Before the advent of widespread fertilizer use, crops relied solely on compounds in the soil to fuel their growth. The application of commercial fertilizer, however, has been one of the biggest changes to impact farming.
Commercial fertilizer, a blend of nitrogen, phosphate and potash, allows farmers to realize high yields on their crops and to use the same plot of land year upon year for their crops. This makes projecting profits more reliable and eliminates the need to clear new ground for fields [source: Agro Services International].
Farmers began applying commercial fertilizer about the same time as the first self-propelled tractors hit the market in the late 1880s. Between 1890 and 1899, American farmers applied more than 1.8 million tons (1.6 million metric tons) of commercial fertilizer each year. By 1989, the number had grown to more than 47 million tons (43 million metric tons) annually [source: Agriculture in the Classroom]. Globally, 185.1 million tons (168 million metric tons) of fertilizer were used in 2008 [source: The Fertilizer Institute].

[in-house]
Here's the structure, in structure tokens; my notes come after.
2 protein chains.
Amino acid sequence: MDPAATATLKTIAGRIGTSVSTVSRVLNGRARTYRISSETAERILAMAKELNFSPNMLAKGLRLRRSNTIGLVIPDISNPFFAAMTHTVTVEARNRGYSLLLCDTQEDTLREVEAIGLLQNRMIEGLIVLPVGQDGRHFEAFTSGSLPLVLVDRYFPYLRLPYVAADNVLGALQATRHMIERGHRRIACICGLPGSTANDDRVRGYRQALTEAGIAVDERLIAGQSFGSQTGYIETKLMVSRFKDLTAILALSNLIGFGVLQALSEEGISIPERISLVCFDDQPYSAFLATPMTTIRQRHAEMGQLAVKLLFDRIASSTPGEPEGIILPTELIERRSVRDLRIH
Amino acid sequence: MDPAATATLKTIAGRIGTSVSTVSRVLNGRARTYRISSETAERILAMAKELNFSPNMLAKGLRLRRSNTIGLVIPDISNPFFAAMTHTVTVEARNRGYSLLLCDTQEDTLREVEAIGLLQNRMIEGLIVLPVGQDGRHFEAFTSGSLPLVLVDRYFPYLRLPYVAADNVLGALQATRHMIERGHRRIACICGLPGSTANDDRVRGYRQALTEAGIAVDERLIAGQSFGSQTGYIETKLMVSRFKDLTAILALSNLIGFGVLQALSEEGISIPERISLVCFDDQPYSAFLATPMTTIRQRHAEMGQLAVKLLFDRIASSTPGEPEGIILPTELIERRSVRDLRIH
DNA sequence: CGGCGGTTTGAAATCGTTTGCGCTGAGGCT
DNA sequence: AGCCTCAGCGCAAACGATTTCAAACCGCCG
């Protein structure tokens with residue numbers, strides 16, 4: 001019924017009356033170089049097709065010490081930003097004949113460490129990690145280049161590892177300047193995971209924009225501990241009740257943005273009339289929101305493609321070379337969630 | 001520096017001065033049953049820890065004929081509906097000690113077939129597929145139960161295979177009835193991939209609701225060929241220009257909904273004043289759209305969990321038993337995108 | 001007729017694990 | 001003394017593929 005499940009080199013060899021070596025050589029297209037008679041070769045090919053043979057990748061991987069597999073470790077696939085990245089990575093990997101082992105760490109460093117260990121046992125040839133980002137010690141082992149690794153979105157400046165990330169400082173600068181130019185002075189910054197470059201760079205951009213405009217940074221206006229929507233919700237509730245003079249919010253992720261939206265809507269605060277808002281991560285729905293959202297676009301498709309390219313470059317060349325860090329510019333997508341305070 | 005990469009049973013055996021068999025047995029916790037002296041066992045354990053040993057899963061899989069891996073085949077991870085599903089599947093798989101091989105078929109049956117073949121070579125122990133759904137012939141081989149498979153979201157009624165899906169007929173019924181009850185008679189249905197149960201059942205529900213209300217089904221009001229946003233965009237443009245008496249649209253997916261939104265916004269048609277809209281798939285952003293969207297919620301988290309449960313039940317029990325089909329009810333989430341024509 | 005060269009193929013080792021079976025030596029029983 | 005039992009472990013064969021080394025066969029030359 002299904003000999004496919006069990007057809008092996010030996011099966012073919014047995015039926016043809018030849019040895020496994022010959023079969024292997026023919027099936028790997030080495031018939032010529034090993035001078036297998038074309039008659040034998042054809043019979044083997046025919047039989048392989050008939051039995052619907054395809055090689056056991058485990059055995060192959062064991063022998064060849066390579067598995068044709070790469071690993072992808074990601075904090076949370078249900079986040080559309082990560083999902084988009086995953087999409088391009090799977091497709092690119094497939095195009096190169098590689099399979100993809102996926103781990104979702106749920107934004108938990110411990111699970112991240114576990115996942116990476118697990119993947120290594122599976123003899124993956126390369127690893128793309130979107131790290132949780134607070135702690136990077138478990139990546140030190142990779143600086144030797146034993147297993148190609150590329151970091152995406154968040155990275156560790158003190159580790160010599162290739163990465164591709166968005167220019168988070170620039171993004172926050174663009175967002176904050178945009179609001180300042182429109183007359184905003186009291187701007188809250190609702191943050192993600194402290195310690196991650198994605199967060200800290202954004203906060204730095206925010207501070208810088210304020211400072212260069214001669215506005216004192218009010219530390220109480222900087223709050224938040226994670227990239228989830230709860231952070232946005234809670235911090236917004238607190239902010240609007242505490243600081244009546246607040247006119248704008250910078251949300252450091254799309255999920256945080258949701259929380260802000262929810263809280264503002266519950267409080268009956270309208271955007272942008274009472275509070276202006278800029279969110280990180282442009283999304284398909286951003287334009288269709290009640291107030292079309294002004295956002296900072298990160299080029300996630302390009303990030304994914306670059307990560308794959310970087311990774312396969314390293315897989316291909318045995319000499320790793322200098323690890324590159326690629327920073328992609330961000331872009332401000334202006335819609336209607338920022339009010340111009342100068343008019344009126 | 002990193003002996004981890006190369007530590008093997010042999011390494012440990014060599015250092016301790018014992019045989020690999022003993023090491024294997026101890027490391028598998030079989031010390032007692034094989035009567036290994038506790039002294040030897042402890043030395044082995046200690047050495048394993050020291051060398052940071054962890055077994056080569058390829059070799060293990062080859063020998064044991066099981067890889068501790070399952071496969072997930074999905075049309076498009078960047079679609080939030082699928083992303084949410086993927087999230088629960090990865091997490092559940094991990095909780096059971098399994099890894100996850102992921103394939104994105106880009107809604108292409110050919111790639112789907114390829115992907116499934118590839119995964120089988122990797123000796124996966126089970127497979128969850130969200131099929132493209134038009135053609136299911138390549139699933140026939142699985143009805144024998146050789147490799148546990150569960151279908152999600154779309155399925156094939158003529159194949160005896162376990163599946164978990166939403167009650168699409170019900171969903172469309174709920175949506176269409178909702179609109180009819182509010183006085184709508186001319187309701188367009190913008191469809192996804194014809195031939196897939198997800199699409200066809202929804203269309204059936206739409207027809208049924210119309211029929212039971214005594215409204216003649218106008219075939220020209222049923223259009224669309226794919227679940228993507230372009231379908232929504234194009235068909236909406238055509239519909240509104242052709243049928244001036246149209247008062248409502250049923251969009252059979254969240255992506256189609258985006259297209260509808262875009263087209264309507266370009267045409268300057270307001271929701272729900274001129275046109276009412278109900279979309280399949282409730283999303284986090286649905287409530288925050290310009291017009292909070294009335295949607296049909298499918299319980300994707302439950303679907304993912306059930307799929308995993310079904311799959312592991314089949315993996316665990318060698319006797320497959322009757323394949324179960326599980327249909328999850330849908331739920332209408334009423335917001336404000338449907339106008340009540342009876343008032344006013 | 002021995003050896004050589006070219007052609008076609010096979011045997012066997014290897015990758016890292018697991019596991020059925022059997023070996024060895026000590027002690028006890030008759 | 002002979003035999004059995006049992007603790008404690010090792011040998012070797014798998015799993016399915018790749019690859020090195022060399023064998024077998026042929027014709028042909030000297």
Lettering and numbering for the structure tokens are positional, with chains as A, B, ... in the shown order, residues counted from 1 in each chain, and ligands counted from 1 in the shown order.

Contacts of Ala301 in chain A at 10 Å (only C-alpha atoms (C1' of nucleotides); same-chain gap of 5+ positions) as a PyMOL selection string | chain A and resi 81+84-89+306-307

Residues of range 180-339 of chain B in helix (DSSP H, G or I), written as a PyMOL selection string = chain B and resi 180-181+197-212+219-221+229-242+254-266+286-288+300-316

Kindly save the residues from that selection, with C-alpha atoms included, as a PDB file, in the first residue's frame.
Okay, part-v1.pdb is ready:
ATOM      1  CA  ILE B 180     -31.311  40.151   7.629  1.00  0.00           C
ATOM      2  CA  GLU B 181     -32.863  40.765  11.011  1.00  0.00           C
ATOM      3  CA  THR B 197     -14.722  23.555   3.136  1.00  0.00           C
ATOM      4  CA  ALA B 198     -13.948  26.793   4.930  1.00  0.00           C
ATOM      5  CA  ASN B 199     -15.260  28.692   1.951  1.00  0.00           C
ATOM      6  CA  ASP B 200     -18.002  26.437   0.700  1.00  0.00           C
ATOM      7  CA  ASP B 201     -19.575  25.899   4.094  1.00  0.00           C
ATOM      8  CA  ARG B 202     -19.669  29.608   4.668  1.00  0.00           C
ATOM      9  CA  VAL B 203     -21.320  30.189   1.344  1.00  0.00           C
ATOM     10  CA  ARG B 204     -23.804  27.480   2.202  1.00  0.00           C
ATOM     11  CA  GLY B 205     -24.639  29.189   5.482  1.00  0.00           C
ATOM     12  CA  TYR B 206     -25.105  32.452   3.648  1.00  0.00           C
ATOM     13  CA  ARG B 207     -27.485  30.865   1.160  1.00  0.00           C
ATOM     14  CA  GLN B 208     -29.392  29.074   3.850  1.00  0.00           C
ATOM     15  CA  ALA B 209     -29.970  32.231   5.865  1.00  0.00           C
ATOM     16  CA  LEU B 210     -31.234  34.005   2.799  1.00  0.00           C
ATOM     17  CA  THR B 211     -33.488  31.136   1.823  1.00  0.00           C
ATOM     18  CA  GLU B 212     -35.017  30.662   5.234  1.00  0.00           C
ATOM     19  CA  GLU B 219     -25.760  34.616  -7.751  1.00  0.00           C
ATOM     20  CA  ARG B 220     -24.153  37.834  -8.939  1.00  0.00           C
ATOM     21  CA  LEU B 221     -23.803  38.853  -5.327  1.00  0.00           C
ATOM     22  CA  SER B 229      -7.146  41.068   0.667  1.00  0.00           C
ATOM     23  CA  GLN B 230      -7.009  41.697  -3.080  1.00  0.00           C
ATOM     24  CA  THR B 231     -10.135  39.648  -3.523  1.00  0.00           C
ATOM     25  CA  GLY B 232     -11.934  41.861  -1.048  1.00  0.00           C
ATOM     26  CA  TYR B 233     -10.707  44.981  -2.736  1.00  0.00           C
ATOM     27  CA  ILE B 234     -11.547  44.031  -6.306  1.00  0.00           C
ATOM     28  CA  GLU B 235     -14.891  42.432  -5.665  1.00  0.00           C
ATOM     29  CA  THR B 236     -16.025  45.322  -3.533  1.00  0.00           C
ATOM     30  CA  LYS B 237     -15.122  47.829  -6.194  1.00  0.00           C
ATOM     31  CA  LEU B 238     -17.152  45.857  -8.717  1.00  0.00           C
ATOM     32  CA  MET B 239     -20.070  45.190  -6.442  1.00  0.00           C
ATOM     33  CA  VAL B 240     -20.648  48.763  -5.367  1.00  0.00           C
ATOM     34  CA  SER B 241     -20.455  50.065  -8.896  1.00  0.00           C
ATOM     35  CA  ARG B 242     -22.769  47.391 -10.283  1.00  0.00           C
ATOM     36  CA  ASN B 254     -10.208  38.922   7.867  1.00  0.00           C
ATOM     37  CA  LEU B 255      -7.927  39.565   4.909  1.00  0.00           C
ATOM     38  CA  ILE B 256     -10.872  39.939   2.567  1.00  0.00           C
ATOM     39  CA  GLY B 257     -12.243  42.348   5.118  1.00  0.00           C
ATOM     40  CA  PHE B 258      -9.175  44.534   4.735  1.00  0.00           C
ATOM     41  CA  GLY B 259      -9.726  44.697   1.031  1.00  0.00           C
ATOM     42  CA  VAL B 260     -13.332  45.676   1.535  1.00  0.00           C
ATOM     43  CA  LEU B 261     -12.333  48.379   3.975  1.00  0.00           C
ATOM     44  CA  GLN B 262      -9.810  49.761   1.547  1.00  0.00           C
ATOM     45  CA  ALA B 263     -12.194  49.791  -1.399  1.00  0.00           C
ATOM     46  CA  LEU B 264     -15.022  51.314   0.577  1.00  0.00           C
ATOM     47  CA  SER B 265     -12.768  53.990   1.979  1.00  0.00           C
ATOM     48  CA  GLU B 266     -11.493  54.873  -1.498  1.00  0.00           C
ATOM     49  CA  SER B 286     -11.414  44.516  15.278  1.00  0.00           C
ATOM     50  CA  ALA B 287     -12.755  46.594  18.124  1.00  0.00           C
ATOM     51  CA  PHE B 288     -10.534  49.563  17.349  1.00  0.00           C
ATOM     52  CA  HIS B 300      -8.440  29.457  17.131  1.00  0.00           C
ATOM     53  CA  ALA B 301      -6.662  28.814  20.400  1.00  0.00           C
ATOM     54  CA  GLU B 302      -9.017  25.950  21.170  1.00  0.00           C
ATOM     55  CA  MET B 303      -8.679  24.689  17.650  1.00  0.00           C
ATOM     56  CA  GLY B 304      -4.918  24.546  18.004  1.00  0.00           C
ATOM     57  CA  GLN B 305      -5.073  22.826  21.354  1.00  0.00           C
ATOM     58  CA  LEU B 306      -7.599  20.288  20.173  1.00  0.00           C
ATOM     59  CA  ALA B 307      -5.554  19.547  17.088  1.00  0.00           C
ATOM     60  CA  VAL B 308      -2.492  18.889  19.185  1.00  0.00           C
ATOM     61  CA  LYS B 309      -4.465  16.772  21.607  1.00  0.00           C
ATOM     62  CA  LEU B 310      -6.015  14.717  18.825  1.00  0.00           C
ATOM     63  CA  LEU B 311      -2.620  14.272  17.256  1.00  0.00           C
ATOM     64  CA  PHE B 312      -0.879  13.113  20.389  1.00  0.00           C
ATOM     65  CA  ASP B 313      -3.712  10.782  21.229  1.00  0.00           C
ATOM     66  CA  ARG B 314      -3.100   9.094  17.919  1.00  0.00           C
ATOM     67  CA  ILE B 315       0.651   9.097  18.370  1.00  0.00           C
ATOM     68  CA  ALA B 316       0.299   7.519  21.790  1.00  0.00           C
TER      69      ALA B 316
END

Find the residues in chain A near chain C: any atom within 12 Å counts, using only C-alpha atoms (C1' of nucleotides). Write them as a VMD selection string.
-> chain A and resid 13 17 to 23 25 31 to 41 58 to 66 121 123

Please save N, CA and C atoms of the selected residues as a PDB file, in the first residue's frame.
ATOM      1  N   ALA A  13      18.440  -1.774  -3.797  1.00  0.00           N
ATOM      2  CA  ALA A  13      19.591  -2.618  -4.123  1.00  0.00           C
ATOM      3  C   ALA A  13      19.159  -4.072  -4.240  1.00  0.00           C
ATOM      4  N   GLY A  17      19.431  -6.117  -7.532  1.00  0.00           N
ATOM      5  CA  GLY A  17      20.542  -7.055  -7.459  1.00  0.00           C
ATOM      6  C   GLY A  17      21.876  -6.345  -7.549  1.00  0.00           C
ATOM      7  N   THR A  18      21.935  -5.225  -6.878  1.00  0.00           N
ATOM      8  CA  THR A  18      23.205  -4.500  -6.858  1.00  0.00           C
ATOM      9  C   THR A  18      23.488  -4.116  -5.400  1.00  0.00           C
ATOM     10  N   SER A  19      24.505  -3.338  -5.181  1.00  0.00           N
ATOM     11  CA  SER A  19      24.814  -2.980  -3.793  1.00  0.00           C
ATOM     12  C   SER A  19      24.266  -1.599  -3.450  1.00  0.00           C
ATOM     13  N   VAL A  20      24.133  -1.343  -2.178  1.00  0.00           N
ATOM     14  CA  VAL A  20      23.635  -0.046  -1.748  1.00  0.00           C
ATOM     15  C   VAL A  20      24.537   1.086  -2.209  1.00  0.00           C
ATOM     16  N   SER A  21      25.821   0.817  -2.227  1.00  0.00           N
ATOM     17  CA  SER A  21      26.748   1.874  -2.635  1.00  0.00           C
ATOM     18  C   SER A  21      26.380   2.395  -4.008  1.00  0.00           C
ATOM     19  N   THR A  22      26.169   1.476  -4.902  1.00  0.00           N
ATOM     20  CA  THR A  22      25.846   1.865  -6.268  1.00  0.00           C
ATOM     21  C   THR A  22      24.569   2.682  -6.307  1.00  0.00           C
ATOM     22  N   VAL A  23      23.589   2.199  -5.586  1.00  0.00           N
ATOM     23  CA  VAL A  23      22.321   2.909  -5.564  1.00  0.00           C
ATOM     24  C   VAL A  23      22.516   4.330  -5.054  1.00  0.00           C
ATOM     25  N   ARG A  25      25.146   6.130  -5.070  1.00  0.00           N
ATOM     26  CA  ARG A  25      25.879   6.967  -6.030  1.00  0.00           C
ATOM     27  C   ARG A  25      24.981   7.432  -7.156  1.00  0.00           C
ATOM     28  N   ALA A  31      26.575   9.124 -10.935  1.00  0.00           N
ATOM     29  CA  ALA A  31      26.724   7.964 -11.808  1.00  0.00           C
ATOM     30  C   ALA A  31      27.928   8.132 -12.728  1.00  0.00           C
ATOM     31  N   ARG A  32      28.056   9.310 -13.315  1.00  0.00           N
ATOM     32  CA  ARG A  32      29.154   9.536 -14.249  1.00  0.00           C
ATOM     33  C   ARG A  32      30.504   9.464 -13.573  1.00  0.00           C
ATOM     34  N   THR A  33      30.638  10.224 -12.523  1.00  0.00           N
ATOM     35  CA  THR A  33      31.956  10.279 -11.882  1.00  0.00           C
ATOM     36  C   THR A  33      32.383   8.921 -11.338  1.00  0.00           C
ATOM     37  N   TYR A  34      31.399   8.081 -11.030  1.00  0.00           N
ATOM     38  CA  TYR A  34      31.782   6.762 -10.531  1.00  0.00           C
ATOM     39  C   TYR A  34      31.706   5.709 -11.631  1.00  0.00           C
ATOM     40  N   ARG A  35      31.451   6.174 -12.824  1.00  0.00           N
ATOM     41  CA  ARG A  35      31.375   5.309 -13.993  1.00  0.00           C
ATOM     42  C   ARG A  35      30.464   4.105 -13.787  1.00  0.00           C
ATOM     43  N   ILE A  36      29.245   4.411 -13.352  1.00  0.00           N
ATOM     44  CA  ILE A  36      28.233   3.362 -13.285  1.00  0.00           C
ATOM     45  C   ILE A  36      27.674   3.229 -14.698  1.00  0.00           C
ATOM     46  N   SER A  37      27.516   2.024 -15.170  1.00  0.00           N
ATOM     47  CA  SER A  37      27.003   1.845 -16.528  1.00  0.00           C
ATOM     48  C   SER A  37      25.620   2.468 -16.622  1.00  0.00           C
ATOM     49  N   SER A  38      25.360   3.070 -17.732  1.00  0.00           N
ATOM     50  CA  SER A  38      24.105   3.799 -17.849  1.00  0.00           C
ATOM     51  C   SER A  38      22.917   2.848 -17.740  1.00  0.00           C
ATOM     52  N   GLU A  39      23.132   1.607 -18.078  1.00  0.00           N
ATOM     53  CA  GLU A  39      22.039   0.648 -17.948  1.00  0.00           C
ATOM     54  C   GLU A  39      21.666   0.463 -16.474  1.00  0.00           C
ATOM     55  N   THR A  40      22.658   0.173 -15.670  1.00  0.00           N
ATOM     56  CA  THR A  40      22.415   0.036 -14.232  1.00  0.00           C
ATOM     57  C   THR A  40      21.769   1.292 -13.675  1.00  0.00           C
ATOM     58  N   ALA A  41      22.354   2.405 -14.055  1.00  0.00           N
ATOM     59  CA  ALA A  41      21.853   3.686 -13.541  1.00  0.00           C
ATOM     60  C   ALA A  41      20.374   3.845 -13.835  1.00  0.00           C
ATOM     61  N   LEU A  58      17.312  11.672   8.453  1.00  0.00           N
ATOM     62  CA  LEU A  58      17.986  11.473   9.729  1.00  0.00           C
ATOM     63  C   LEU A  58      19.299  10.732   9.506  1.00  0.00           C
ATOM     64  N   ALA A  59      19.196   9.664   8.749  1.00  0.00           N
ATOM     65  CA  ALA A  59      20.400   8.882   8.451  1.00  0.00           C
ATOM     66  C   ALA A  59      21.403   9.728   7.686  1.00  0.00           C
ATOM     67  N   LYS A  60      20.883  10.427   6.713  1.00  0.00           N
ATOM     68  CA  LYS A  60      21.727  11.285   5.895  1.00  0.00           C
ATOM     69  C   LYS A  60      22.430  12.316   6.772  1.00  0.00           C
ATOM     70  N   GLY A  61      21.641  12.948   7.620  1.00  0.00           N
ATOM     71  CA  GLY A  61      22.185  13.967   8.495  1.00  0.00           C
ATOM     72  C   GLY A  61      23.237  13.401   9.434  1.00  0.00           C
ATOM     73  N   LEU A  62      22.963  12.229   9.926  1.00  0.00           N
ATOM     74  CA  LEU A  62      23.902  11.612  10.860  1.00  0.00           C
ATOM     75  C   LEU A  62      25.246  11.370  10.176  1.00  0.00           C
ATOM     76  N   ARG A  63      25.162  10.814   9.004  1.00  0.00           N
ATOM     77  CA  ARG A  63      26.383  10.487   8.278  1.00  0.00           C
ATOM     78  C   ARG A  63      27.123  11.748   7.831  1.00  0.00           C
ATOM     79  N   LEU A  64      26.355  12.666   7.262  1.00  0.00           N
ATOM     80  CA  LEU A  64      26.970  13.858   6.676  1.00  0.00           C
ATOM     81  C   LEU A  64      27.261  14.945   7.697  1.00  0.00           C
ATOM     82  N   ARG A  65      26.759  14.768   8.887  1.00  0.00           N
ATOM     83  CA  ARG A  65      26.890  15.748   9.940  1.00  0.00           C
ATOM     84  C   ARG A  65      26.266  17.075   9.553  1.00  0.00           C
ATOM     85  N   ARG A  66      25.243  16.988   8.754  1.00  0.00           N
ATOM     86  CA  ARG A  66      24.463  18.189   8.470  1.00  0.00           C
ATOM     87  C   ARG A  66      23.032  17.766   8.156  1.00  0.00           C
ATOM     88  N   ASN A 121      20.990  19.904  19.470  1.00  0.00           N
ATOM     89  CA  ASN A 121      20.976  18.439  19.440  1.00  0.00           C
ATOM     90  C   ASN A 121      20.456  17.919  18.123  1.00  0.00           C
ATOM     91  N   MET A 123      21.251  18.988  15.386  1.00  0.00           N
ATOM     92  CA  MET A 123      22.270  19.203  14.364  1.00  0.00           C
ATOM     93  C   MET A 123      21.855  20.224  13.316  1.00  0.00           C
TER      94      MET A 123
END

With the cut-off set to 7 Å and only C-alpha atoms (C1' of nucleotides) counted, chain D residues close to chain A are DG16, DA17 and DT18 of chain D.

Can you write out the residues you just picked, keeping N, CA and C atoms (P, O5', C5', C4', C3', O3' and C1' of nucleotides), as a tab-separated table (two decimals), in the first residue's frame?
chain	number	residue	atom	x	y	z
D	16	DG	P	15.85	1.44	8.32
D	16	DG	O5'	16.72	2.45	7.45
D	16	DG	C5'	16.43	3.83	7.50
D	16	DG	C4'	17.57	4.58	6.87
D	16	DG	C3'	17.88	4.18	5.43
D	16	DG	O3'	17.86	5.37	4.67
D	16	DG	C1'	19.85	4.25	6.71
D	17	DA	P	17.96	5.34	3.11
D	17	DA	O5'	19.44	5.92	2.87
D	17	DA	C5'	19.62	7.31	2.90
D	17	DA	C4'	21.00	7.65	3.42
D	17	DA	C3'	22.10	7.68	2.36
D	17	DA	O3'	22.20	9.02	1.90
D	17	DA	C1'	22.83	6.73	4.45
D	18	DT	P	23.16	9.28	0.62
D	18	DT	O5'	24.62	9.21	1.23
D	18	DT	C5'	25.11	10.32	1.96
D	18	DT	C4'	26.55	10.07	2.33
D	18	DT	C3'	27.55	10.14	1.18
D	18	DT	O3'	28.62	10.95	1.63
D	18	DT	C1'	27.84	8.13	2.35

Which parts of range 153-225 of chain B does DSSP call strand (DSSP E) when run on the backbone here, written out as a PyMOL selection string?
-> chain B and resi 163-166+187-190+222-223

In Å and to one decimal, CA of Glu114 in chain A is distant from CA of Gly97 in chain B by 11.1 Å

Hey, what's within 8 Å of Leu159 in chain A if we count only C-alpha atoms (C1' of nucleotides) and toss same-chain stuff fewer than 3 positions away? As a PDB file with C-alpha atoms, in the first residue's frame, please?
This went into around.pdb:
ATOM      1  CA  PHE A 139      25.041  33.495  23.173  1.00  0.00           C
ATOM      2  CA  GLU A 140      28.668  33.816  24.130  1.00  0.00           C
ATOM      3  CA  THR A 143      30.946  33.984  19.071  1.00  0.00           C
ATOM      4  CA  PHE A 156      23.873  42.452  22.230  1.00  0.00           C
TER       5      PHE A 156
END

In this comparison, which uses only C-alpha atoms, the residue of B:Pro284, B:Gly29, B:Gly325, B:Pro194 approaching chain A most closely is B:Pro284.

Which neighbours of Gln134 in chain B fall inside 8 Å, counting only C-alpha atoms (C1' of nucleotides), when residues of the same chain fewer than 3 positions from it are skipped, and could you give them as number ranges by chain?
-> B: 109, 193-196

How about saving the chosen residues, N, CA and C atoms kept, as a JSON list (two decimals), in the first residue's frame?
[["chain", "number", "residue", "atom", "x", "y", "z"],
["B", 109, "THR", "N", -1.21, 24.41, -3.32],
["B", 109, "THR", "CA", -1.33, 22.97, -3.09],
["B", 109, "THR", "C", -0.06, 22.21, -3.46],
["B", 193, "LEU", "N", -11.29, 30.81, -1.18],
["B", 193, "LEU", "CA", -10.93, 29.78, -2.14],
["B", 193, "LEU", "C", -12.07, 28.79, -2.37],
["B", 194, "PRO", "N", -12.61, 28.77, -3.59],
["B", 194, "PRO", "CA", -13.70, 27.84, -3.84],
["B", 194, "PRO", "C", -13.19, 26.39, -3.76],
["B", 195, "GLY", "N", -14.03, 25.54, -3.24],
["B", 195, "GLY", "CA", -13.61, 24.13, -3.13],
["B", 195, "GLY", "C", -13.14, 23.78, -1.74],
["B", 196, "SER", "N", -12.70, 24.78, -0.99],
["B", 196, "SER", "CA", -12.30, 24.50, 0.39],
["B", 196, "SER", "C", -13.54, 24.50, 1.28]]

All that fertilizer has raised some environmental concerns. Nitrates, a major component of fertilizers (including those applied to lawns and gardens), can contaminate groundwater and pose a health risk to infants and at-risk populations. Therefore, farmers should be careful in how they store, use and dispose of fertilizer [source: Harris].